Escalante River

Coordinates: 37°17′22″N 110°52′20″W / 37.28944°N 110.87222°W / 37.28944; -110.87222

The Escalante River is a tributary of the Colorado River. It is formed by the confluence of Upper Valley and Birch Creeks near the town of Escalante in south-central Utah, and from there flows southeast for approximately 90 miles (140 km) before joining Lake Powell. Its watershed includes the high forested slopes of the Aquarius Plateau, the east slope of the Kaiparowits Plateau and the high desert north of Lake Powell. It was the last river of its size to be discovered in the 48 contiguous U.S. states.[1] The average discharge is approximately 146 cfs (4.1 m³/s).

View of part of the Escalante River, taken on July 4, 2022 from the International Space Station
Location of the Escalante River within Utah

The river was first mapped and named by Almon Thompson, a member of the 1872 Colorado River expedition led by John Wesley Powell.[1] It was named after Silvestre Vélez de Escalante, a Franciscan missionary and the first known European explorer of the region. In 1776, Escalante and his Spanish superior Francisco Atanasio Domínguez left from Santa Fe, New Mexico on an attempt to reach Monterey, California.[2] During this journey, usually referred to as the Domínguez–Escalante expedition, Escalante and his companions passed by the Grand Canyon and were the first white men to enter Utah.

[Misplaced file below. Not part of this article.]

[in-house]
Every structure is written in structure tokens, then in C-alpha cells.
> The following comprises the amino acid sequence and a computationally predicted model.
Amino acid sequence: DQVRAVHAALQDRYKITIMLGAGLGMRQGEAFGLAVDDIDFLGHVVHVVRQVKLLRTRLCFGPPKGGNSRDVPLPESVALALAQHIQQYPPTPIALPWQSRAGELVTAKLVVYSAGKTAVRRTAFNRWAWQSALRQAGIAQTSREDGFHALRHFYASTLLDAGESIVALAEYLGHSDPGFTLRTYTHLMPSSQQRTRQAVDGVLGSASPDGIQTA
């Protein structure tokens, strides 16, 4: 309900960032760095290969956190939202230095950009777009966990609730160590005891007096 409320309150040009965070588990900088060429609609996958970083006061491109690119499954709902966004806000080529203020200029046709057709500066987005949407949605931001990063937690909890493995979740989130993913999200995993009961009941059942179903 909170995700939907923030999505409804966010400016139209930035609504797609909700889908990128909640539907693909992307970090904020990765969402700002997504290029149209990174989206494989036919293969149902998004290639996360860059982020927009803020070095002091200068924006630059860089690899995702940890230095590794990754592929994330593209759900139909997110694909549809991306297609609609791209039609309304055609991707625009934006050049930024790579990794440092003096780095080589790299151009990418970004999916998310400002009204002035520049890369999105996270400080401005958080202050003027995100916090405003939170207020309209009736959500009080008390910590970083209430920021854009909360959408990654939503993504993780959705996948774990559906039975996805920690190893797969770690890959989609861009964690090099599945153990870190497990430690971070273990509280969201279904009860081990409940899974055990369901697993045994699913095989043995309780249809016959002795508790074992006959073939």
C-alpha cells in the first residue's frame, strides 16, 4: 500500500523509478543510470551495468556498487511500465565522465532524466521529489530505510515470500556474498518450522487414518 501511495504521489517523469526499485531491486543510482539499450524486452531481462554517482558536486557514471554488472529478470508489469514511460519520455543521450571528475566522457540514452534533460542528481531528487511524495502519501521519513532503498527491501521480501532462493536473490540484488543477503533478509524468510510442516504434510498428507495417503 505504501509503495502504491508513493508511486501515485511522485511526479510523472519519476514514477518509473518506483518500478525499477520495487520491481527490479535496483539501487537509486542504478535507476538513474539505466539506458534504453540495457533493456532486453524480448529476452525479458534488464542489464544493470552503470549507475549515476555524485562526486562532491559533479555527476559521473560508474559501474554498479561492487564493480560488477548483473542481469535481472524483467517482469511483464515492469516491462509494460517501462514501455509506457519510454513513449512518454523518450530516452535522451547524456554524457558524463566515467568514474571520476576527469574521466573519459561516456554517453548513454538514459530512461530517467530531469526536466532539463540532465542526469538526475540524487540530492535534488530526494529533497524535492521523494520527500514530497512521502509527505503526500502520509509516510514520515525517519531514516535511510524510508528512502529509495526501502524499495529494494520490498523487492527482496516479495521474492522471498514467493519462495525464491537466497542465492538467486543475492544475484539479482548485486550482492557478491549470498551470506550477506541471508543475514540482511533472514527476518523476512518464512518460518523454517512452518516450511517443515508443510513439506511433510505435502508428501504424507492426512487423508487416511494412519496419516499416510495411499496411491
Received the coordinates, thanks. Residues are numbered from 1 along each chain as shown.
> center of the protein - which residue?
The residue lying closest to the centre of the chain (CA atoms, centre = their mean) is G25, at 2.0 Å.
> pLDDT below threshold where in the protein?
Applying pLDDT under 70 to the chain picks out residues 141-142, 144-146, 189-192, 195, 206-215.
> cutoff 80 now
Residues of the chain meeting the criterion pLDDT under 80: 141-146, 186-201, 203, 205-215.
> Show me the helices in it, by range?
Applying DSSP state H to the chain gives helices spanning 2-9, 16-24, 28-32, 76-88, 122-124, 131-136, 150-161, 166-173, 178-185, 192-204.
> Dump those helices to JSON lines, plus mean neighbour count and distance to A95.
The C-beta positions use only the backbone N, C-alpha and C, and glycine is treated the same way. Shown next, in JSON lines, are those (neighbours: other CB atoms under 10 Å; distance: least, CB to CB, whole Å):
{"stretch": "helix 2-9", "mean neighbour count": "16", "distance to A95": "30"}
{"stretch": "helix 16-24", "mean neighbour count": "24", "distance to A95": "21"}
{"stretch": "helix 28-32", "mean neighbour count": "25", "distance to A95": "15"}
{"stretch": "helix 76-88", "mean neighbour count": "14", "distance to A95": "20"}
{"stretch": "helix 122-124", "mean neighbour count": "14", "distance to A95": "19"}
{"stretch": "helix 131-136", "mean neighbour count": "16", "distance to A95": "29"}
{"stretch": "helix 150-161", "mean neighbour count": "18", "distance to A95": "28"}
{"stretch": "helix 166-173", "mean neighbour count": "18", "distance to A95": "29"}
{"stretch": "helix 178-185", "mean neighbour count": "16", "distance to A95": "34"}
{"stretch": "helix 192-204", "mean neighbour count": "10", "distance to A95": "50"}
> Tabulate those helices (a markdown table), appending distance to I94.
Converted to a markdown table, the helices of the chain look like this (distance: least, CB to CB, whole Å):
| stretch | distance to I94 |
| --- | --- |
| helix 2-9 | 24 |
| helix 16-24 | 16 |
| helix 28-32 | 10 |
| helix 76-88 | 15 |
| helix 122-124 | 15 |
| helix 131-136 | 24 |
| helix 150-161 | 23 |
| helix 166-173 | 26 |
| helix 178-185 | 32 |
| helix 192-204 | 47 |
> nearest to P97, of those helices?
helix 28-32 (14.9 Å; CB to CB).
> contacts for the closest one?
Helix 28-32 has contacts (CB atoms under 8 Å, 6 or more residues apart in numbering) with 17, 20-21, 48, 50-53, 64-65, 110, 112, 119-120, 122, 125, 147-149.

Much of the Escalante River's course is through sinuous sandstone gorges. The river and the rugged canyons which drain into it form a key section of Grand Staircase–Escalante National Monument. This spectacular region is a popular destination for hiking and backpacking.

For most of the year, the Escalante River is a small stream, easily stepped across or waded. During spring runoff and the summer monsoon, however, the river can become a raging, muddy torrent ten to one hundred times bigger. In some years, the river can be run using kayaks or canoes (rafts are too large), but this requires both good timing — water which is too high or too low can make travel impossible, stranding boaters — and the willingness to portage boats several hundred vertical feet at the end of the trip.


See alsoEdit


  1. ^ a b Heath, Steven H. (1997). "A Historical Sketch of the Scientific Exploration of the Region Containing the Grand Staircase–Escalante National Monument". Bureau of Land Management Science Symposium. Archived from the original on 2012-10-06. Retrieved 2009-07-05.
  2. ^ Katieri Treimer, Site research report, site no. 916, Southwest Colorado, Earth Metrics Inc. and SRI International for Contel Systems and the U.S. Air Force 1989


  • Peter Gurche (2011) In Search of Desert Beaver: An Assessment of Castor canadensis in the Lower Escalante River Watershed, Whitman College ; Summer-Fall 2011
  • Irvine, J. R., & West, N. E. (1979). Riparian tree species distribution and succession along the lower Escalante River, Utah. The Southwestern Naturalist, 331-346 (abstract)
  • Webb, R. H. (1985). Late Holocene flooding on the Escalante River], south-central Utah.
  • WEBB, R. H., & BAKER, V. R. (1987). Changes hydrologic conditions related to large floods on the Escalante River, south-central Utah. In International symposium on flood frequency and risk analyses (pp. 309–323).
  • Withers, K., & Mead, J. I. (1993). Late Quaternary vegetation and climate in the Escalante River basin on the central Colorado Plateau. Western North American Naturalist, 53(2), 145-161.

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